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Meridian was live in Rome for the temple dedication. You can find all of our coverage at ldsmag.com/Rome.
Some of the photographs following are by Michaela Proctor Hutchins.
It is a Thursday night in Rome, and only a 15 minute walk from the iconic Trevi Fountain is a building on a busy street with a modest sign that reads “LDS Institute.” The institute is 1,200 square feet on the third floor of a building with several other occupants, but tonight many young Latter-day Saints are bounding up those stairs to join together.
Some will be taking a class, others just grabbing a chance to talk to each other, and of course, there will be dinner, provided by a busy senior missionary couple. A smell, something akin to Sloppy Joes, fills the air. “This is my home away from home,” one young man grins and explains. It is the place he comes several times a week to find friends and a respite from the world.
How is the rising generation of Church members faring in this world that is becoming devastatingly more difficult? The values which we took for granted as the bedrock of life not that long ago have been abandoned in our society. That is one of the questions we hoped to explore when we came to the Rome Temple dedication. How are the YSA’s of the Church doing in Rome and across Europe?
We care about this because in other denominations, young people are dropping out, and if you walk into many churches in Europe on Sundays, the congregants are few and gray-haired.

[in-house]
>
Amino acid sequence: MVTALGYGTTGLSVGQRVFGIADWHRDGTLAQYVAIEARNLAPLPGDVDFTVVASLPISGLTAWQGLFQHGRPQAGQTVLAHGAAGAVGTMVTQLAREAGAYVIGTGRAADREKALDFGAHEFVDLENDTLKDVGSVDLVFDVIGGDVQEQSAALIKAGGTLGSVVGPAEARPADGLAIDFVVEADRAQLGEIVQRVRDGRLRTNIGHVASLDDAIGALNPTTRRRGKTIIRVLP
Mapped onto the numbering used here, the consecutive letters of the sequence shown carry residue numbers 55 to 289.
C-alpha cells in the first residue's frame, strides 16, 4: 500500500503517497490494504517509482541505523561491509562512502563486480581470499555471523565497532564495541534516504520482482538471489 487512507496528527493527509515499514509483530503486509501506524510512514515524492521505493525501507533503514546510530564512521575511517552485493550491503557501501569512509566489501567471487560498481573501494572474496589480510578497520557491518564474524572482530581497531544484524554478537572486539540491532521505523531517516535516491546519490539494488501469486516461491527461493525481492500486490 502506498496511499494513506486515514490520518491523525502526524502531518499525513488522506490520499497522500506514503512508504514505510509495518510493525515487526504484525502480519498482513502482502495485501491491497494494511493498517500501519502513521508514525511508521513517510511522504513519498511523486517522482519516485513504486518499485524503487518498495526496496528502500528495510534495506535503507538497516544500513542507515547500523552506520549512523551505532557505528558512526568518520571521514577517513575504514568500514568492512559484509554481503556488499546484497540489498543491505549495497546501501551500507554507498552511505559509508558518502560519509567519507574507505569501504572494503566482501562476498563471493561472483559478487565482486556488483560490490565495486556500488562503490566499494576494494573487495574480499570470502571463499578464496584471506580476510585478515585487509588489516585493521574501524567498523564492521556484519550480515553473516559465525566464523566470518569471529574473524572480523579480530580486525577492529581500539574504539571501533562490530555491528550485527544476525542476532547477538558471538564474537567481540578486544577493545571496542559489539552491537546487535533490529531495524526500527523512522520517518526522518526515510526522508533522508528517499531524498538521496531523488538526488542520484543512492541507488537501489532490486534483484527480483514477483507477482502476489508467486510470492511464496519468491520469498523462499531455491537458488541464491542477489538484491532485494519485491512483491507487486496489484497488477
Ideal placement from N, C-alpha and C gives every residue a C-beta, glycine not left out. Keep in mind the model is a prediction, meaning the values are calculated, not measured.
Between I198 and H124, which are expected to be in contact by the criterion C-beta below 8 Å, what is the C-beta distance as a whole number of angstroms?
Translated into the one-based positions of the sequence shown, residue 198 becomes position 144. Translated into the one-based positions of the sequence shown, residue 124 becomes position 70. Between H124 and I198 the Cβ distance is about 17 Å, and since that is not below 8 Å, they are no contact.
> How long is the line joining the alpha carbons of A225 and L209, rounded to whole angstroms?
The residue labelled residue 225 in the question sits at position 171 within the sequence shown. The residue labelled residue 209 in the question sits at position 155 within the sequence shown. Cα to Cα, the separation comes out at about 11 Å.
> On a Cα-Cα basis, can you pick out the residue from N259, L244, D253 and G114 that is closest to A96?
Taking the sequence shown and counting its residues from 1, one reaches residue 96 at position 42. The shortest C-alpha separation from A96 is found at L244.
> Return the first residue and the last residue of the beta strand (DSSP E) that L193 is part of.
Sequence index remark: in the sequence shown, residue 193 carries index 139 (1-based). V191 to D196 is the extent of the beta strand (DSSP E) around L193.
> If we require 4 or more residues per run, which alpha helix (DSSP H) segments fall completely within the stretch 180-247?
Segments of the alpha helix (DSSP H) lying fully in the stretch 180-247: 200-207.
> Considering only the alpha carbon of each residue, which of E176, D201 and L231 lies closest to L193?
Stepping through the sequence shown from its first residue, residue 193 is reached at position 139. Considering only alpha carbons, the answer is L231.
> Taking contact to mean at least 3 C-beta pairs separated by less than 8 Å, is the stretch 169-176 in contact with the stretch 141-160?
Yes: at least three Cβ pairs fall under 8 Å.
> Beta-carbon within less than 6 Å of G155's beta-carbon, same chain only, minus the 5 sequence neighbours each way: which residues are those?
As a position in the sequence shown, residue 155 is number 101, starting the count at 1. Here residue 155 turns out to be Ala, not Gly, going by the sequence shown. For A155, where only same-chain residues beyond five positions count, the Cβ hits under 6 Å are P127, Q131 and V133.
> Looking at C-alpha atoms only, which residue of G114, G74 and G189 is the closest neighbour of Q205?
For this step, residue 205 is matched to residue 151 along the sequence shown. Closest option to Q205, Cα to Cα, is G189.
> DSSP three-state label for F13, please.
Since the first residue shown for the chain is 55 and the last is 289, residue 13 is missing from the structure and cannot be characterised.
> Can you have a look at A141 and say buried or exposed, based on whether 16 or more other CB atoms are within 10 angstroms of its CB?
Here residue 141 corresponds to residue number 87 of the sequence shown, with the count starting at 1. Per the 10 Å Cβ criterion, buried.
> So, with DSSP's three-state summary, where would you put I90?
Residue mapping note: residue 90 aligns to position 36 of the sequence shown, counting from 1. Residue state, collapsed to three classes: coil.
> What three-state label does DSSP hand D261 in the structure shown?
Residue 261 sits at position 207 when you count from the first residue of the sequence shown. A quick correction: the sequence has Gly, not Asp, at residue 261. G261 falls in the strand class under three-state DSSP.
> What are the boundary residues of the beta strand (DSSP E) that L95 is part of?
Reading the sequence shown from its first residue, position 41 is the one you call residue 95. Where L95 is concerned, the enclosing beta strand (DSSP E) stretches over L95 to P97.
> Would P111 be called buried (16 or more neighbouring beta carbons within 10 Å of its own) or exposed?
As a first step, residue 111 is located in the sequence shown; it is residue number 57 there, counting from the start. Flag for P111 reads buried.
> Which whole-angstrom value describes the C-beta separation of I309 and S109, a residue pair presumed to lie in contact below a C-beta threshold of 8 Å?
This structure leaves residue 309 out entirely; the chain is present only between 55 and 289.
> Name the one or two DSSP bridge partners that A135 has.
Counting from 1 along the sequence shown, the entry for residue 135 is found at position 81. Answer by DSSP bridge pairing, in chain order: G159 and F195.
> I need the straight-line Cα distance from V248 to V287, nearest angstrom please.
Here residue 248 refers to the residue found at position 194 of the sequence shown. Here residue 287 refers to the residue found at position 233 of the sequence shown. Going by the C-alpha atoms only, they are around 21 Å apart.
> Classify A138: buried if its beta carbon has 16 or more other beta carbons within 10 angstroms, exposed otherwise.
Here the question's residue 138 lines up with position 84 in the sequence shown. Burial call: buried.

That’s why this busy Institute filled with these singles is such a hopeful sight. It is the young who marry and form families and raise another generation. It is tomorrow’s strength in the Church.
For the last seven years Ugo Perego has been serving in Rome as the Institute director. With a PhD in human genetics, he has been busy in his own field, doing important research on DNA. His studies have been particularly intriguing on DNA and the Book of Mormon and Joseph Smith’s DNA. Yet seven years ago when he was offered this job, he and his wife, Jenna, who were living in the United States at the time, prayed and fasted about it and felt they needed to come to Rome.
They were particularly excited about preparing the YSAs for the coming of the temple. But it is not easy to gather them and Rome offers particular challenges. In a city of 3.5 million people, there have been only three Latter-day Saint church buildings, and Ugo’s own ward extends a two-hour drive beyond the city. The potential for the number of YSA’s is many times higher than are gathering, but distance, especially on public transportation, prohibits many from being able to come.
This Institute building is the only presence the Church has right downtown, though there has been some consideration for also offering Institute at the church on the temple grounds. Still enough young Latter-day Saints are finding each other here that they are already looking for a bigger place with twice as much square footage downtown.
That’s good news. In January and February, they saw five YSA baptisms and the faces at the Institute represent a gamut of ethnicities and nations. Rome is a cosmopolitan place that has opened its doors to many peoples and so is the Institute. YSAs come from the Philippines, eastern Europe, North America, South America, and, of course, Italy.
“We’re happy with the way the work is going,” said Ugo. “They come. They bring their friends. They stay for food. They like the environment. They just like to talk. They have classes. We prepare them for missions.” In addition to two classrooms, there are games, a family history center, books, and places to lounge.
They also offer computers and support for BYU-I’s Pathway program toward college graduation. Italy has the largest number of Pathway students in all of Europe. “Education is very important to me, so we are trying to instill that desire in them.